“Bar / Caffè at the entrance to Piazza San Marco,” San Marco, Venezia, Italy, September 2016
I will use this photo to hammer home a point we’ve been making on our Art website, RawNakedArt.com, for some time: black and white photography is relatively easy. In fact, I will go so far as to risk stepping on a few toes by saying it’s a cheat. Now, if you are a b&w aficionado please don’t be offended. I’m not saying that producing monochrome takes no skill. I’ve attached the above photo to attest to this. Let me tell you, even though you can’t see the sharpness of the original (which scales to 4 by 5 feet) it is one of the best photos I’ve ever taken. The light was challenging, the shadows overwhelming, and the subjects were all walking toward me at full tilt as I tried to catch them as they emerged into the sunlight, all the while hoping not to blow out the background past the bridge.
I killed it.
And that, my friends, is what I’m preaching. Too often, shooters use monochrome to mask shitty shots, having neither appreciation for nor understanding of when and how b&w should be used. I’ve used it here as the compositional elements of the photo are highly structural and would be enhanced by mono. The delicate lace of the young woman’s dress was overwhelmed by her dress’ red hue. The garish pink of the mother’s purse called my eyes’ attention as did the colors of the ice cream in the signs at the lower left. Instead of the man in foreground being a large bird with blurred wings, in color, his jacket was a navy blue distraction. All of that would be fine if I weren’t more interested in the knackered state of the tunnel and the relationships between the three people in the center of the photo. True, in b&w, I lose the lovely turquoise of the Bar / Caffè sign, but that’s a small price to pay.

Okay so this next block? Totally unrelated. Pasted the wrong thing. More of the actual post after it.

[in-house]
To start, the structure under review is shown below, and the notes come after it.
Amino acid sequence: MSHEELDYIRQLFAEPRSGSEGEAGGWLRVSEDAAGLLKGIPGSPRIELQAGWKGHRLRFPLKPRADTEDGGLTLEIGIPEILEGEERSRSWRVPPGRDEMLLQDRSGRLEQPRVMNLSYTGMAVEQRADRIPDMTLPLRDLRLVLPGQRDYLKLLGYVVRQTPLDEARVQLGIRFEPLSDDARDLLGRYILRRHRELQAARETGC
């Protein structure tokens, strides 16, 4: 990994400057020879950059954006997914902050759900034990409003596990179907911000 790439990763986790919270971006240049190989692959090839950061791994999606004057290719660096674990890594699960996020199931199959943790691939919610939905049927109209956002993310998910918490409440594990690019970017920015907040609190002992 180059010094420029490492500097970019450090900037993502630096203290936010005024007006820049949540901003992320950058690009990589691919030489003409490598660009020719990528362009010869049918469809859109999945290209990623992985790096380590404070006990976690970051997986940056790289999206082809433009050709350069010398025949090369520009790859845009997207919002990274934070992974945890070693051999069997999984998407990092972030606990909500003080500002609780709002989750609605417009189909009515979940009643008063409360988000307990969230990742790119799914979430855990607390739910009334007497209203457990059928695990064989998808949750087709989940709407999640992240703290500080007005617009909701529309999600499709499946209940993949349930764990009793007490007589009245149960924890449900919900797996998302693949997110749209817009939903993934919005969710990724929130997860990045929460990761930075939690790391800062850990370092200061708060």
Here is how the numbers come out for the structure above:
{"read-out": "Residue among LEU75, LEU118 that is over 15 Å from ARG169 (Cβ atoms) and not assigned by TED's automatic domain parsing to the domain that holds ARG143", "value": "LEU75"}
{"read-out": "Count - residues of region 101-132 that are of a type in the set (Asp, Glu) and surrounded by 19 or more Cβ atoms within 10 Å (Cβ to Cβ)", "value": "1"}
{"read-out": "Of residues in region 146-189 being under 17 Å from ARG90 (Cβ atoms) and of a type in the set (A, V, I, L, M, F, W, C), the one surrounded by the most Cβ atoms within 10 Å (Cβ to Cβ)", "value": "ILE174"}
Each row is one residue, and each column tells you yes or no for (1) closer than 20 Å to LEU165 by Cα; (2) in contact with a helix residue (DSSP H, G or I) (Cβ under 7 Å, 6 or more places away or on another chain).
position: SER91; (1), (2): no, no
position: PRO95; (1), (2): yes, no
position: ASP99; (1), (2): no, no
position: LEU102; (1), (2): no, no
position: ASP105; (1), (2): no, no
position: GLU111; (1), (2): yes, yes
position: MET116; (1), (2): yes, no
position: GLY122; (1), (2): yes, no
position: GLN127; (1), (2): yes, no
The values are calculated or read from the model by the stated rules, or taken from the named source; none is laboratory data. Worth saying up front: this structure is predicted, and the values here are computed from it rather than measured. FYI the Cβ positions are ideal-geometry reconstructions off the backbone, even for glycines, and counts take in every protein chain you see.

Having decided on monochrome as an aesthetic choice, I pushed the contrasts and added grain to make a point. In fact, I’ve rendered the final shot in the style of Robert Frank’s The Americans, with its disdain for both color and greyscale. This world is black and white, all emotion and energy, and focuses the viewer on the people at center, with their environment rendered into its structural elements. We’re not looking at Venice, Italy anymore: this is nowhere, everywhere, and its the story of four people in a tunnel with things to do. Now, I’m in no way trying to say I’m as good as Robert Frank. What I am saying, however, is his style is easy to emulate. It’s dark, arty, dingy at the seams and full of contrasts, just like the man himself. Like me, he wasn’t shooting the world, he was shooting himself and showing other people what he looks like inside. He saw conflicts; I see relationships.
Monochrome has its place, but displaying reality isn’t it. Shooters used to choose b&w because color was too difficult and too expensive to develop themselves. If you shot a lot, monochrome was your only realistic choice until the 1970s made color mandatory for magazines trying to compete with the vibrancy of television. It was still hard and expensive, however, and fewer and fewer periodicals successfully made the leap. Black and white fell into disuse by the casual user, and old-schoolers (and newbies wanting to emulate them) chose mono to distinguish themselves from the influx of amateur shooters.
But here’s the thing: do you know how to distinguish yourself from being a rank amateur at anything? Work at it until you’re good. This isn’t the best photo in the world, and maybe it’s not even my best, but it is part of the culmination of 42 years’ worth of shooting, developing, and editing. Life gives you one shortcut: die, and then you can (perhaps) learn everything through divine enlightenment. I’d recommend taking a pass, however, on that path. You’d miss a lot of good shit here where it’s dumb and dirty.
Life is full of color. Get you some.